Marten Scheffer

Marten Scheffer

Marten Scheffer
Scheffer in 2013
Born (1958-09-13) 13 September 1958
Amsterdam, Netherlands
Fields Ecology, biology, complex systems
Institutions Wageningen University and Research Centre
Alma mater Utrecht University
Notable awards Spinoza Prize (2009)

Marten Scheffer (born 13 September 1958) is a Dutch ecologist, mathematical biologist and professor of Aquatic Ecology and Water Quality Management at Wageningen University and Research Centre. He was a winner of the 2009 Spinoza Prize.[1] His research focuses on complex systems and their adaptability.

Contents

  • Career 1
  • Publications 2
  • References 3
  • External links 4

Career

Scheffer was born on 13 September 1958 in Amsterdam, Netherlands.[1] He studied ecology at Utrecht University and gained a degree in 1985. He obtained a doctorate from the same university in 1992.[1] He subsequently held research positions at Dorschkamp and the governmental agency RIZA. In 1998 he became professor of Aquatic Ecology and Water Quality Management at Wageningen University and Research Centre and has since headed the department.[1] Scheffer's research focuses on complex systems and their adaptability, finding that different ecosystems have tipping points. His research is located inside the field of ecology as well as outside of it, with studies into climate change and evolution.[1]

In 2009 Scheffer was one of three winners of the Dutch [1] As there was no fourth Spinoza Prize awarded in 2009, Scheffer and his co-winners Albert van den Berg and Michel Ferrari asked the NWO to reward them the remaining prize money, which they would spend on a collaborative research effort.[3] Their efforts culminated in a research paper on migraine published in PLOS ONE in 2013.[4][5][6] The paper claimed that a critical tipping point of neurons started a migraine attack.[6]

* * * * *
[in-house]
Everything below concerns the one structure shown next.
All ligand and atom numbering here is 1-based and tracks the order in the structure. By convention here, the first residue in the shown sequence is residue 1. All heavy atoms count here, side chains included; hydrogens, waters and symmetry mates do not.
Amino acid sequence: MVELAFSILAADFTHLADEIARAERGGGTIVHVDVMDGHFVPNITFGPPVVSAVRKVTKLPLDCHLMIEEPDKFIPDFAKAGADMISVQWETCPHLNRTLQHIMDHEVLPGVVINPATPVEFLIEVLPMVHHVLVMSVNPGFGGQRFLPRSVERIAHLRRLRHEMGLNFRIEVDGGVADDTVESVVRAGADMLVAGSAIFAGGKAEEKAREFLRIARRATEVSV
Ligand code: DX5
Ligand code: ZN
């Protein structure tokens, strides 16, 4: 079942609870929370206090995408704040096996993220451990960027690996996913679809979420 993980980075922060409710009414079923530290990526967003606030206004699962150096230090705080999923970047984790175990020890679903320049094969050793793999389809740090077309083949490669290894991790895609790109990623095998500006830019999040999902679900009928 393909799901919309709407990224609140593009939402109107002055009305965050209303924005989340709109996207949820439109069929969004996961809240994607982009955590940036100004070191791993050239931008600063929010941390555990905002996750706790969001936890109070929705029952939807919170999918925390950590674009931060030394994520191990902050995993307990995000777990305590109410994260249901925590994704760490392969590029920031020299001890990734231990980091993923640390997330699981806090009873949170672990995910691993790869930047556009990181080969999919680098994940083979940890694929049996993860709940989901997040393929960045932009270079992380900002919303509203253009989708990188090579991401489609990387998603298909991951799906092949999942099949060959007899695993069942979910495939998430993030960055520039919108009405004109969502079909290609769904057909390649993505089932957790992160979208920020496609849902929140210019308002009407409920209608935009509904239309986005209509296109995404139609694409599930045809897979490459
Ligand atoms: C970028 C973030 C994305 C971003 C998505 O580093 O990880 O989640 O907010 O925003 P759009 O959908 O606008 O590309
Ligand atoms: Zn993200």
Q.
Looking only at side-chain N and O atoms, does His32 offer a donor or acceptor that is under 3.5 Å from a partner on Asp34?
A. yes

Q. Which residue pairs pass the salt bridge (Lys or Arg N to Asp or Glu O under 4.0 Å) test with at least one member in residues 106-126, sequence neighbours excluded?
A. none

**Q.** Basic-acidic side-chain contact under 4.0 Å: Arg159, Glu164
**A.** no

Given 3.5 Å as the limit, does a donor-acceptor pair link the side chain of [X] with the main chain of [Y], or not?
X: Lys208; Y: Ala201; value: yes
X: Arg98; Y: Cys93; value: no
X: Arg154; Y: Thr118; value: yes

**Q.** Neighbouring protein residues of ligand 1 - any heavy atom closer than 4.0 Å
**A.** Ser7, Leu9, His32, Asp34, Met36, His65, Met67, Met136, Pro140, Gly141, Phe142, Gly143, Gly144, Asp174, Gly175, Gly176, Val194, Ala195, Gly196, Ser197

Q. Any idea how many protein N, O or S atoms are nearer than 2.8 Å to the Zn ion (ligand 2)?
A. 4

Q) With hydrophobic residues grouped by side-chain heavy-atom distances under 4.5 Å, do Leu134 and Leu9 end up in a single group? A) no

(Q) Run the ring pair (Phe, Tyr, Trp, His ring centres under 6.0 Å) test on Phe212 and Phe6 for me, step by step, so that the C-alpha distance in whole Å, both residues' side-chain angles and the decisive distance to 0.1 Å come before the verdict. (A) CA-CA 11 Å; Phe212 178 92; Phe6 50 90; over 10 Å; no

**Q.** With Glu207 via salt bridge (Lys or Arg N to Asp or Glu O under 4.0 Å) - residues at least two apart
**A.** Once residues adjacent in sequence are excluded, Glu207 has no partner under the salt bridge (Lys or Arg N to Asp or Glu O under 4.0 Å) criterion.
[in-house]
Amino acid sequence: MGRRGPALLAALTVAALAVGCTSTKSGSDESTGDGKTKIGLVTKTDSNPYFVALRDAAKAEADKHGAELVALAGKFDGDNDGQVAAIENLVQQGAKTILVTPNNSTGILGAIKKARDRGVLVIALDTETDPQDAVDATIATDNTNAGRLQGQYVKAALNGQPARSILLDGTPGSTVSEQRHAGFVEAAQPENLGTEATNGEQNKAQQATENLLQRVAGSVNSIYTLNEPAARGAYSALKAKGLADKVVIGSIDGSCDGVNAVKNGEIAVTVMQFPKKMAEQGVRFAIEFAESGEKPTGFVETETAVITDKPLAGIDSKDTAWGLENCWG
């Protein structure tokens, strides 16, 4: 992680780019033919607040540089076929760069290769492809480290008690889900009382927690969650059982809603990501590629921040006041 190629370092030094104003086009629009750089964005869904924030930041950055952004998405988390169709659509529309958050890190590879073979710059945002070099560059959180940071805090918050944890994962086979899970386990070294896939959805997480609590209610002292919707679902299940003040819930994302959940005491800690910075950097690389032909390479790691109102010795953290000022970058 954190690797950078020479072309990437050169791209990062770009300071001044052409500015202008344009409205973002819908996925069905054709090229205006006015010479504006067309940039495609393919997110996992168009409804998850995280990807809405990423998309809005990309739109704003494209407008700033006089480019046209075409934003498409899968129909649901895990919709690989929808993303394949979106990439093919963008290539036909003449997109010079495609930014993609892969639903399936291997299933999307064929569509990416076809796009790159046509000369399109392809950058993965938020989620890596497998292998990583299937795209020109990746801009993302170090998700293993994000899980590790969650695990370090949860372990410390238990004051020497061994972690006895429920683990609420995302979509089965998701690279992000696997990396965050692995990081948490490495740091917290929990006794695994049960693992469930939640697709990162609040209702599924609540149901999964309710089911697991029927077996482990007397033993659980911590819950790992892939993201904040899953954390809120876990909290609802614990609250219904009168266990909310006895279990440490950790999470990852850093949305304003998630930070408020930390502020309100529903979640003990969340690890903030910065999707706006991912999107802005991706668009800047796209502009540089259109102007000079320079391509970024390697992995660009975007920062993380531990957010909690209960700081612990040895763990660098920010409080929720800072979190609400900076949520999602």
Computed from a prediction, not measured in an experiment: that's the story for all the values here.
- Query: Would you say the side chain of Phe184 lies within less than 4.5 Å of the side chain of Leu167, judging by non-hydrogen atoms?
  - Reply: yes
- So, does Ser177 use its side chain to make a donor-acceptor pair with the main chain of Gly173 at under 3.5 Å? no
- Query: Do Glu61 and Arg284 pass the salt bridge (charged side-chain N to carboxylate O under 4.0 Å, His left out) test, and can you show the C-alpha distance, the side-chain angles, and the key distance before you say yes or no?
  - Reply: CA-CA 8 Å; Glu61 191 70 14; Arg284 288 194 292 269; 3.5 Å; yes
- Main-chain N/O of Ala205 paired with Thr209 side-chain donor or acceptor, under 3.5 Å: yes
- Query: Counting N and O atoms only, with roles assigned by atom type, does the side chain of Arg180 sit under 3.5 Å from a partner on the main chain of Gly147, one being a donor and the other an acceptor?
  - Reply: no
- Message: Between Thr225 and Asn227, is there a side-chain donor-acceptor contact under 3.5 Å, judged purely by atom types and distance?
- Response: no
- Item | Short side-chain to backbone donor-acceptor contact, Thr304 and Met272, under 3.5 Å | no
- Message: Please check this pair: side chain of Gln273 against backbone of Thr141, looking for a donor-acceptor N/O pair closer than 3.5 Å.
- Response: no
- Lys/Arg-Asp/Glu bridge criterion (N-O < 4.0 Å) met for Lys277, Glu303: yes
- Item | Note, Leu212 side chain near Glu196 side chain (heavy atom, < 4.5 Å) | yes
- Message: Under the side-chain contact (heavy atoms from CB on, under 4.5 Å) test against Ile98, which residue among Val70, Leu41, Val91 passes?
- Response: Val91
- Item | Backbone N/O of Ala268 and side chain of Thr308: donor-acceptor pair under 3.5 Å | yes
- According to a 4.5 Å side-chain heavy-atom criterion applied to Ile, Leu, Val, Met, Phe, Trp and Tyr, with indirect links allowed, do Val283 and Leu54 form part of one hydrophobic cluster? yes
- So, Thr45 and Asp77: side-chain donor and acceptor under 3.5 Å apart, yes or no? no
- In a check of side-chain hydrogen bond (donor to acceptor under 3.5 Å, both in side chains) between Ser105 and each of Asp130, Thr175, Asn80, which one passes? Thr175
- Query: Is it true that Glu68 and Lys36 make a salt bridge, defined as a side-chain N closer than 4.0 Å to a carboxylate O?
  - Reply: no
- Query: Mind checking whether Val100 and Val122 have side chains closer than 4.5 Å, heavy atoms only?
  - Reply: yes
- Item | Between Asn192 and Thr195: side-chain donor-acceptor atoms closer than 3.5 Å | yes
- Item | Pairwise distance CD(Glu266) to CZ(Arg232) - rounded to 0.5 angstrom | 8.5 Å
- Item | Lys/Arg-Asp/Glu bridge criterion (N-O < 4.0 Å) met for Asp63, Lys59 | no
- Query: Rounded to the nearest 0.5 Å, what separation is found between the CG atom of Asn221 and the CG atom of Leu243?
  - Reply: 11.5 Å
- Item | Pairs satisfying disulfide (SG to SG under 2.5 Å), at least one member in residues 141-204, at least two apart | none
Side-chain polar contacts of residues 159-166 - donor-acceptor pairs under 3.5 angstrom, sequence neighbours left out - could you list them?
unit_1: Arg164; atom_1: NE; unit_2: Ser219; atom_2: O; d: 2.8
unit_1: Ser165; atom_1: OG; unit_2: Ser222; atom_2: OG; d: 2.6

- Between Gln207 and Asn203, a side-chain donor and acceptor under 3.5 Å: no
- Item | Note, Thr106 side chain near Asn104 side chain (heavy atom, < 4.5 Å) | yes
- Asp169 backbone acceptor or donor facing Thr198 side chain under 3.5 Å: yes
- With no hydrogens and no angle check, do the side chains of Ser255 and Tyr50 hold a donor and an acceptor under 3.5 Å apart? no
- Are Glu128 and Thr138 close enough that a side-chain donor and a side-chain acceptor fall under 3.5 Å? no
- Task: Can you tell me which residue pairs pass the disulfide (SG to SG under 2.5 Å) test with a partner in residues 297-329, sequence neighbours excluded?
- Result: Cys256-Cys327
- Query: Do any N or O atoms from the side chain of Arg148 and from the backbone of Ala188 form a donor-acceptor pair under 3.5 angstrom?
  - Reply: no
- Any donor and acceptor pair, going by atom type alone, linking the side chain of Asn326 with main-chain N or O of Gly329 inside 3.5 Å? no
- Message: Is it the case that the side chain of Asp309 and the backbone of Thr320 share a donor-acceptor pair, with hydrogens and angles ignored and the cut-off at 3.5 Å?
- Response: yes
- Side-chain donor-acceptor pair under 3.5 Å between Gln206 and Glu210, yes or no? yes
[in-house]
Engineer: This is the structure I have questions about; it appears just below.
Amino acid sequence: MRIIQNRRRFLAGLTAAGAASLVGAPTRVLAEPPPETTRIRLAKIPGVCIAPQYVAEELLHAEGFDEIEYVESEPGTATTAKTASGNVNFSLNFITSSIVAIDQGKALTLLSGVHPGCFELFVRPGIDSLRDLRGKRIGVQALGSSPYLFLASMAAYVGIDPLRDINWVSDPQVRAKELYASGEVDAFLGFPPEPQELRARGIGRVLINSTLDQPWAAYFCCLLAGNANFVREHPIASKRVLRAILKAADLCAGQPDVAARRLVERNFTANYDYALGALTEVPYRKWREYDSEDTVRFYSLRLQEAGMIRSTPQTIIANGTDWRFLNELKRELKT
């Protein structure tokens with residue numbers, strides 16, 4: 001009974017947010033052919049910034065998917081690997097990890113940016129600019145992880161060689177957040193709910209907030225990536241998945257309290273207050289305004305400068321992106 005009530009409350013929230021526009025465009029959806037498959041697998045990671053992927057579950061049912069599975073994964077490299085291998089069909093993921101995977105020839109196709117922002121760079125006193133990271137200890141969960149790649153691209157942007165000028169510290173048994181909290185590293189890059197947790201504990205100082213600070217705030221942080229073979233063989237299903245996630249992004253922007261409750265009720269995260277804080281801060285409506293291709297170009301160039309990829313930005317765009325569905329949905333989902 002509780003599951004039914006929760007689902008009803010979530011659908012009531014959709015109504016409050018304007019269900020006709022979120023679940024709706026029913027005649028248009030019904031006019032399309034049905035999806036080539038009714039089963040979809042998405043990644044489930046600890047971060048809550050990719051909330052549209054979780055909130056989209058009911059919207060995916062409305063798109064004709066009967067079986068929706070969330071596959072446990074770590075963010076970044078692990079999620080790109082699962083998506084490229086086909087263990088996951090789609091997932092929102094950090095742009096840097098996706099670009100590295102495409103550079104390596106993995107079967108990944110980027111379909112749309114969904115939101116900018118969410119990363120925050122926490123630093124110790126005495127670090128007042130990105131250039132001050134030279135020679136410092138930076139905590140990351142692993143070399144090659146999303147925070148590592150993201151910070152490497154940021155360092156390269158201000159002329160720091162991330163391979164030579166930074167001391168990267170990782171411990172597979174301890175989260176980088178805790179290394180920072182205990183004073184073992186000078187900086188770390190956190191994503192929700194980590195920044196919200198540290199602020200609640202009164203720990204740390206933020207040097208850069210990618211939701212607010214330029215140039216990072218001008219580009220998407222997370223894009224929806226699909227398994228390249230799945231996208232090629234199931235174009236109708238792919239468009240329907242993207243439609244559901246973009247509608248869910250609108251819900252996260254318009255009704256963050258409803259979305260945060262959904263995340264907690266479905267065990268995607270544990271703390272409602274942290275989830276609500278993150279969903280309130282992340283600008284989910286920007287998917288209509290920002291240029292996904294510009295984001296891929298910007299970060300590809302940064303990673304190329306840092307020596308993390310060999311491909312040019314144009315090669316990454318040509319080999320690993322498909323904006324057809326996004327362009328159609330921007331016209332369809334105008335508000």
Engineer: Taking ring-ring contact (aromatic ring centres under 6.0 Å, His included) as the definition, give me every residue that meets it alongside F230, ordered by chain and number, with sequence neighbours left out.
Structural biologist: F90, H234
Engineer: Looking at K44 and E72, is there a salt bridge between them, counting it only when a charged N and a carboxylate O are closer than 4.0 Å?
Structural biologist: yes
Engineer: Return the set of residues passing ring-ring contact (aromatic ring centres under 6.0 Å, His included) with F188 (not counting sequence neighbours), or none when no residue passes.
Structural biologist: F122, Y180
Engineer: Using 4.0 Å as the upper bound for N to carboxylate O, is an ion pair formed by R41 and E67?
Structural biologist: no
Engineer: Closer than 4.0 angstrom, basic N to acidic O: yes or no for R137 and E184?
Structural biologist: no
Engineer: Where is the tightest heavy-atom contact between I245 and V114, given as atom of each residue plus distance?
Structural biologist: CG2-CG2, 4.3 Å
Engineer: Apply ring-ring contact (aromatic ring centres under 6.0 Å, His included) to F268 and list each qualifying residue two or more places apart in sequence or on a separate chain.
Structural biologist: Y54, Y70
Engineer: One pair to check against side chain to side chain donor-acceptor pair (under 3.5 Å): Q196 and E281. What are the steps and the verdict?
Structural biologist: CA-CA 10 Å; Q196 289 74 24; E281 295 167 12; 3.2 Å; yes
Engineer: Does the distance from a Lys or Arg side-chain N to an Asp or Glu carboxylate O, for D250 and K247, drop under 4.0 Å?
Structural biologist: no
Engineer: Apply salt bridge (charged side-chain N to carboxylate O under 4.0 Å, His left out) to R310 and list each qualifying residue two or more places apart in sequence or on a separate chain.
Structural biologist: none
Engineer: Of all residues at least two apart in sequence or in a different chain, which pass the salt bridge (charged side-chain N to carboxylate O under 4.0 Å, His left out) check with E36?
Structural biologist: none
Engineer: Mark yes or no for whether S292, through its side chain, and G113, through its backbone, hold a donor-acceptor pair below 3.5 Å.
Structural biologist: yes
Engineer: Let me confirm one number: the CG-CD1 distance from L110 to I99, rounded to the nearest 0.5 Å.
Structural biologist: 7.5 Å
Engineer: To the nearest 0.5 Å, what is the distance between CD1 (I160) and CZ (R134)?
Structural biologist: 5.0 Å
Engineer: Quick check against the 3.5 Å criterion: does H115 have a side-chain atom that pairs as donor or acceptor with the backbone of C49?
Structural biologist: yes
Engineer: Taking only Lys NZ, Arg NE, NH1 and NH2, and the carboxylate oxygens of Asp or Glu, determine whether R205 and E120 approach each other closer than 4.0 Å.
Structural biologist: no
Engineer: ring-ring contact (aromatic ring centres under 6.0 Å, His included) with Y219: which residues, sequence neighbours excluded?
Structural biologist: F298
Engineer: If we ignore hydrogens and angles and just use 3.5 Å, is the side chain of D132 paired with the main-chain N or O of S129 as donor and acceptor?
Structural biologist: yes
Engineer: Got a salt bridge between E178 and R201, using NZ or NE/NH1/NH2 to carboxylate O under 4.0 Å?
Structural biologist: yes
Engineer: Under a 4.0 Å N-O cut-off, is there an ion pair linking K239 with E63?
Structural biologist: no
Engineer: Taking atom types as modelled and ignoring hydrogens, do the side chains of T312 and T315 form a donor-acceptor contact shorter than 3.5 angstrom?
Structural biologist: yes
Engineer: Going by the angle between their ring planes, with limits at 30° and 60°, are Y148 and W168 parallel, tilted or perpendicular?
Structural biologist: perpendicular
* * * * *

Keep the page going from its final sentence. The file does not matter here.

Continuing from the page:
Scheffer is member of the Royal Netherlands Academy of Arts and Sciences since 2012.[7] He is a co-founder of the South American Institute for Resilience and Sustainability Studies and European Institute Para Limes.[1]

Apart from his work in science Scheffer is also a musician, who plays the mandolin, guitar and violin.[1] Scheffer toured with Dutch guitar player Harry Sacksioni for several years. Together with two others he has published a CD of world music, Transitions.[8]

Publications

  • Critical Transitions in Nature and Society, 2009, Princeton University Press.
  • Vijver, sloot en plas, 2005, Tirion Natuur.

References

  1. ^ a b c d e f g h "Prof. M. (Marten) Scheffer".  
  2. ^ "NWO Spinoza Prize 2009". Netherlands Organisation for Scientific Research. 27 August 2014. Retrieved 1 August 2015. 
  3. ^ Jannetje Koelewijn & Jop de Vrieze (4 July 2009). "Knappe koppen zonder hoofdpijn".  
  4. ^ Marten Scheffer, Albert van den Berg, Michel D. Ferrari (29 August 2013). "Migraine Strikes as Neuronal Excitability Reaches a Tipping Point".  
  5. ^ Paul de Kuyper (4 September 2013). "Eerste migraine-publicatie drie Spinoza-winnaars" (in Dutch). UT Nieuws. Retrieved 2 August 2015. 
  6. ^ a b "Migraine consequence of critical tipping point in neural network". Netherlands Organisation for Scientific Research. 4 September 2013. Retrieved 2 August 2015. 
  7. ^ "Marten Scheffer".  
  8. ^ Tomas Vanheste (29 September 2009). "'"Ecoloog Marten Scheffer: 'We poken het beest wakker.  

External links

  • Profile at Wageningen University and Research Centre
  • Scheffer's personal music website